http://windows.microsoft.com/en-CA/windows7/How-do-I-use-Problem-Steps-Recorder
http://www.maximumpc.com/article/how-tos/how_use_windows_7_problem_steps_recorder_make_easy_pc_guides
http://msdn.microsoft.com/en-us/library/dd371782%28v=vs.85%29.aspx
http://www.7tutorials.com/easy-troubleshooting-and-problem-solving-problem-steps-recorder
https://www.youtube.com/watch?v=z6EgLm3-XcQ

Store Office 365 User Credentials in Windows Credential Manager

I was recently tooling up to build a WinForm’s application that uploads documents from the end users desktop to their Office 365 SharePoint team site. I found a great set of building blocks to model off of with the awesome SharePoint Client Browser for SharePoint 2010 and 2013 code base.

SPCB2013 - Main Screen - v1_3

In a nutshell, it’s a treeview inside of a split panel, that enumerates pretty much all the elements that constitute SharePoint at the site collection level. It includes the Microsoft.SharePoint.Client DLL’s which take care of the bulk of operations for communicating with the remote SharePoint, be it on-prem or Office 365. It also includes tooling to be able to execute PowerShell against the remote SharePoint instance.

So we now we have a desktop platform to build custom functionality against. Any good App should be easy to use and minimize interaction required – to that end, I wasn’t quite happy with the “stickiness” of the login on the SharePoint Client Browser project. I wanted a way to securely stash the username and password so that the user wouldn’t have to input the password every time.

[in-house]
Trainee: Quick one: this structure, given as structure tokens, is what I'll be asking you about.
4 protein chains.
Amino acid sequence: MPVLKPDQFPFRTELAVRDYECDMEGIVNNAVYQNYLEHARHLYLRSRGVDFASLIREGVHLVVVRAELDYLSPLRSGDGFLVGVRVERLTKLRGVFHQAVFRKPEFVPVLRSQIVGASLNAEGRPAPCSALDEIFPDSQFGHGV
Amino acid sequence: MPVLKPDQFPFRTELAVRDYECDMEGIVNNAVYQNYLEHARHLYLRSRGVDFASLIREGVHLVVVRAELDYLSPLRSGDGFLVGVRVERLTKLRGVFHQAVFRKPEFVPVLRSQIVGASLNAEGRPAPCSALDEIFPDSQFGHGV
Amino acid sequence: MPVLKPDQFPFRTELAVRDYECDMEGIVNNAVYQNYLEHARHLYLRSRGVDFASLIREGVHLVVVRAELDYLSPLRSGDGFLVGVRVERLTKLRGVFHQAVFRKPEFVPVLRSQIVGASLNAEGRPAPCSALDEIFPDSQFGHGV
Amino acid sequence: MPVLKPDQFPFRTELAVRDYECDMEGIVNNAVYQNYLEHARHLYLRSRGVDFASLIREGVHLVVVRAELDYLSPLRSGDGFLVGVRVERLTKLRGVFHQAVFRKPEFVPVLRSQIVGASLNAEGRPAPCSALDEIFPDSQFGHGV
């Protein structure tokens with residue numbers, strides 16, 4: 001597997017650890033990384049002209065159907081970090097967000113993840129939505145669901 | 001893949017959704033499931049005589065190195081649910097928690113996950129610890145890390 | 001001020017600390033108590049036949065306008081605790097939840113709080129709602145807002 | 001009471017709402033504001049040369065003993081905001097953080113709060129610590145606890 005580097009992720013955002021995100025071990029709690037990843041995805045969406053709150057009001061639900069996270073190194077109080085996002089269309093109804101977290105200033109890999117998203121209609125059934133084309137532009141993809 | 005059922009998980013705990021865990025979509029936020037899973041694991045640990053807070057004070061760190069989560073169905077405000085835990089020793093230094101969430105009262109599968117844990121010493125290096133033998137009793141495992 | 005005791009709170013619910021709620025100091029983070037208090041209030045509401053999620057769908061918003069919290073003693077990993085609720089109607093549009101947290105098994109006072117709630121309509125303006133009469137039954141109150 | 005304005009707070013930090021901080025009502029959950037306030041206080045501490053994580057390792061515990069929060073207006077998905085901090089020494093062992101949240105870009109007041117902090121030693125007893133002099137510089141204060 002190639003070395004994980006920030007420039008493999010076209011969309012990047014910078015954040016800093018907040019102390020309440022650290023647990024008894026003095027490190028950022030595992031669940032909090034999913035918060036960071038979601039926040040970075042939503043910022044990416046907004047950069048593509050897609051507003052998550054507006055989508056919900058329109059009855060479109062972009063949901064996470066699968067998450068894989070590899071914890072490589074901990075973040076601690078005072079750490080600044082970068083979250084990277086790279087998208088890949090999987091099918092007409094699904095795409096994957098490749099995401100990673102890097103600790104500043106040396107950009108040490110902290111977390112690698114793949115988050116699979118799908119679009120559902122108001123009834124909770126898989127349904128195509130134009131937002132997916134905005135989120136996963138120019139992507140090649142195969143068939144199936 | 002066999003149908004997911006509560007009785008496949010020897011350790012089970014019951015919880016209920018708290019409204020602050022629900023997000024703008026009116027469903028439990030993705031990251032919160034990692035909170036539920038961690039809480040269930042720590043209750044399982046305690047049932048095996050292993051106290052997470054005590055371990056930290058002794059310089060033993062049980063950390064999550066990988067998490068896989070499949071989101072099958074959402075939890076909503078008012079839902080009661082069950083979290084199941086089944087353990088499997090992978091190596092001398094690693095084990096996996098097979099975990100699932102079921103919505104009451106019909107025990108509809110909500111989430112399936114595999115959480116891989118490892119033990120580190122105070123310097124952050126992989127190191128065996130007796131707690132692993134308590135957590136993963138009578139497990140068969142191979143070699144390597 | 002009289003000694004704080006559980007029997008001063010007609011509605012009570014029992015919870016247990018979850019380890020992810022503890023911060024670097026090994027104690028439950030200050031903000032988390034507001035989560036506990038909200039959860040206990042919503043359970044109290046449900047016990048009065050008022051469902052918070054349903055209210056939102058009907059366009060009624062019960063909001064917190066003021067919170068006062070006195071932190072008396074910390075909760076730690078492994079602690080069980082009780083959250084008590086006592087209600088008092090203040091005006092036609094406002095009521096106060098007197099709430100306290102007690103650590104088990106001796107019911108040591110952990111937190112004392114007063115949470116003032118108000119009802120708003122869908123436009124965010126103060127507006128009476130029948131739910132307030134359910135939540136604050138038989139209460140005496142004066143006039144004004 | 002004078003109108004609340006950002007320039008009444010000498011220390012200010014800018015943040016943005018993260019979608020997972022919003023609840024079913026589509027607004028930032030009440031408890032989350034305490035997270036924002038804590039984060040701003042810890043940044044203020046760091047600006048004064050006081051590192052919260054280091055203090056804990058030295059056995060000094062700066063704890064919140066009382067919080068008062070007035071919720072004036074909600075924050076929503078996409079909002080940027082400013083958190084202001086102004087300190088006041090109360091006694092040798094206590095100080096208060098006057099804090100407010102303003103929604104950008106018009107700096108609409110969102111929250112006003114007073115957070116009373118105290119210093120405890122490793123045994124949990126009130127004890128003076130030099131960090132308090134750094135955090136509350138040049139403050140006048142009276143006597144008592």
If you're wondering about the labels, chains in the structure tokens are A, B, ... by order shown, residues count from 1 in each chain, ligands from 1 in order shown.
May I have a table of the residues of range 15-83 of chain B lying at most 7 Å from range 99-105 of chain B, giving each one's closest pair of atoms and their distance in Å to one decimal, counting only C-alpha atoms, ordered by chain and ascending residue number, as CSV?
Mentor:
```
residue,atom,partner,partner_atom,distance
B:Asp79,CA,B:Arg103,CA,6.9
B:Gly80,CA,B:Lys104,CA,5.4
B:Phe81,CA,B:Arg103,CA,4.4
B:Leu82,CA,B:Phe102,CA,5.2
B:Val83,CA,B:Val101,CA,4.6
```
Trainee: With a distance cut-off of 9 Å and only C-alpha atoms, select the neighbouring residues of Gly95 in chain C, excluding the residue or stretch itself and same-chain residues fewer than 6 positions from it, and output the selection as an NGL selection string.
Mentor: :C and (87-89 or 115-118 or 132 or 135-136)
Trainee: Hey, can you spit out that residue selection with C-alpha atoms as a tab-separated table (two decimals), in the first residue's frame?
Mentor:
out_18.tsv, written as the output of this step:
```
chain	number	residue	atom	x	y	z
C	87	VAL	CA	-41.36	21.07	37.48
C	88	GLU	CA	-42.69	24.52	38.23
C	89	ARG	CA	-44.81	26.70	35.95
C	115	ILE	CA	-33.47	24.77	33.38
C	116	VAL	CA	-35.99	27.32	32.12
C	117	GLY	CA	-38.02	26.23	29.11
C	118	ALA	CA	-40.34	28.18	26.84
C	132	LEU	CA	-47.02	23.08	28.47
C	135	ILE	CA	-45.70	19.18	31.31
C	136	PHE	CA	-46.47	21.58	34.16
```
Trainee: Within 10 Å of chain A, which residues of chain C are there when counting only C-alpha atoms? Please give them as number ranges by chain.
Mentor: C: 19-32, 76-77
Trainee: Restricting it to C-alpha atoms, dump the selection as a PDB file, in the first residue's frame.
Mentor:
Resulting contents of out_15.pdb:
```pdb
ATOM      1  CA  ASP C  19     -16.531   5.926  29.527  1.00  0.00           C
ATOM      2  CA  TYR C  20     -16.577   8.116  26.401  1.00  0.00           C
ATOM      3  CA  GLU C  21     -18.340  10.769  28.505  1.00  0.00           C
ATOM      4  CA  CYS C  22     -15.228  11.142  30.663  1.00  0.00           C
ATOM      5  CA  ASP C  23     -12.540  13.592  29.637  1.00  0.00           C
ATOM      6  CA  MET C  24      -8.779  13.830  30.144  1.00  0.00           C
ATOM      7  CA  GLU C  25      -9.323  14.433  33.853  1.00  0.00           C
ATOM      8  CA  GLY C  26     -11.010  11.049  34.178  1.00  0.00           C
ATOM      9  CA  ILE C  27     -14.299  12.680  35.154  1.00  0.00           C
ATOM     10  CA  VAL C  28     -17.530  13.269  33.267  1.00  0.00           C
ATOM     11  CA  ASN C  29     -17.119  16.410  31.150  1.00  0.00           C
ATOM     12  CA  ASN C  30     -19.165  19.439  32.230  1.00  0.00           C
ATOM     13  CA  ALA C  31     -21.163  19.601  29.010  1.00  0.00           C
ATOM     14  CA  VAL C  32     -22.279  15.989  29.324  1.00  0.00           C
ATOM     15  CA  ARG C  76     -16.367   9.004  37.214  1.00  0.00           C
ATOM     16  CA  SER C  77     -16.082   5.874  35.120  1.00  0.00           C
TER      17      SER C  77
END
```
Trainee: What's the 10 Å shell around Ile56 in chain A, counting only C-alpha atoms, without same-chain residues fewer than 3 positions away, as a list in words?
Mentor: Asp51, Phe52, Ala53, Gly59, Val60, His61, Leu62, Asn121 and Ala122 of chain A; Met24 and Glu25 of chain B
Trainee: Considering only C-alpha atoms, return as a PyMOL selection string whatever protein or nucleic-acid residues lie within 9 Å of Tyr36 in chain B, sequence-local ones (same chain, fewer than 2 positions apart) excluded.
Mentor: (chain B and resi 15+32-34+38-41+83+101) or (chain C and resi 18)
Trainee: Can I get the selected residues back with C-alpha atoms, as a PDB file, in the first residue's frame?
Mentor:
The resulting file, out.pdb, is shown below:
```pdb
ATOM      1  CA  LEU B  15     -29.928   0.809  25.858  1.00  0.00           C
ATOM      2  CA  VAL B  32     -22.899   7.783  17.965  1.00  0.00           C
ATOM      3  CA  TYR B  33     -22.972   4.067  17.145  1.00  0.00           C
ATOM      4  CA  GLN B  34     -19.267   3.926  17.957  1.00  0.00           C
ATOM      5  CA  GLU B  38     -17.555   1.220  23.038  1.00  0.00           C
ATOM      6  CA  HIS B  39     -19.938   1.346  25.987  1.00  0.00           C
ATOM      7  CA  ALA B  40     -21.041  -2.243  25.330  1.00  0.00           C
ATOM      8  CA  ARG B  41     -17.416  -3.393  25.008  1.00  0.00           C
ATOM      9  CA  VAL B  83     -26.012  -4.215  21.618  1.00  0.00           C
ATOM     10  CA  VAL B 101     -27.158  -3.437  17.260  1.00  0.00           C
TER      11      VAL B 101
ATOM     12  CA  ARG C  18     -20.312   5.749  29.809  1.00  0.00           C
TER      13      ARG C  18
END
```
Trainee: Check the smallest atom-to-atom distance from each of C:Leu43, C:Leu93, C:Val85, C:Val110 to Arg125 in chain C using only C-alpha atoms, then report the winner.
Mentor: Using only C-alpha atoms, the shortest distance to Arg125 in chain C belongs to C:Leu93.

Where’s the place where Outlook, Lync, Internet Explorer and more store user credentials? It’s the Windows Credential Manager – accessible from the Windows Control Panel, this system provides a secure persistent store for username + passwords.

“Credential Manager allows you to store credentials, such as user names and passwords that you use to log on to websites or other computers on a network. By storing your credentials, Windows can automatically log you on to websites or other computers. Credentials are saved in special folders on your computer called vaults. Windows and programs (such as web browsers) can securely give the credentials in the vaults to other computers and websites.”

Once again, Codeplex makin’ me look good – after a fair chunk of research I wound up back at Codeplex with the following project: Credential Management. CredentialManagement is a free, open source library that can be utilized to help the application manage storing and retrieving of user credentials using the Windows Credential Management API.

The main problem this project solves is that the handles to get into the Windows Credential Manager are C++. Ouch.. so, it take’s care of this little friction point for us by wiring in some Windows Interop stuff, the guts of which can be seen in the NativeMethods.cs file in that project.

So, let’s get into mashing this sucker into our Office 365 desktop client app.

Part 1 – Build CredentialManagement.dll and add it to your SharePoint Client Browser

1. Download the SharePoint Client Browser project source code, garnish to taste. Customize freely to suit your use but try not to mess with the authentication steps too much or it will be harder to use the following steps to integrate the CredentialManager code.
2. Download the CredentialManager project source code
3. Open the CredentialManager project in Visual Studio and make sure it’s in Release mode instead of Debug (you always check this before publishing anyhow, right?) and Build it:
1
4. Go to the /Bin/Release folder for the project and grab the CredentialManager.dll. Transplant it into your active SharePoint Client Browser visual studio project and add it as a Reference:
23
4

Now it’s time to get out the wrench and do some plumbing.

Part 2 – Add CredentialManagement functions into the SharePoint Client Browser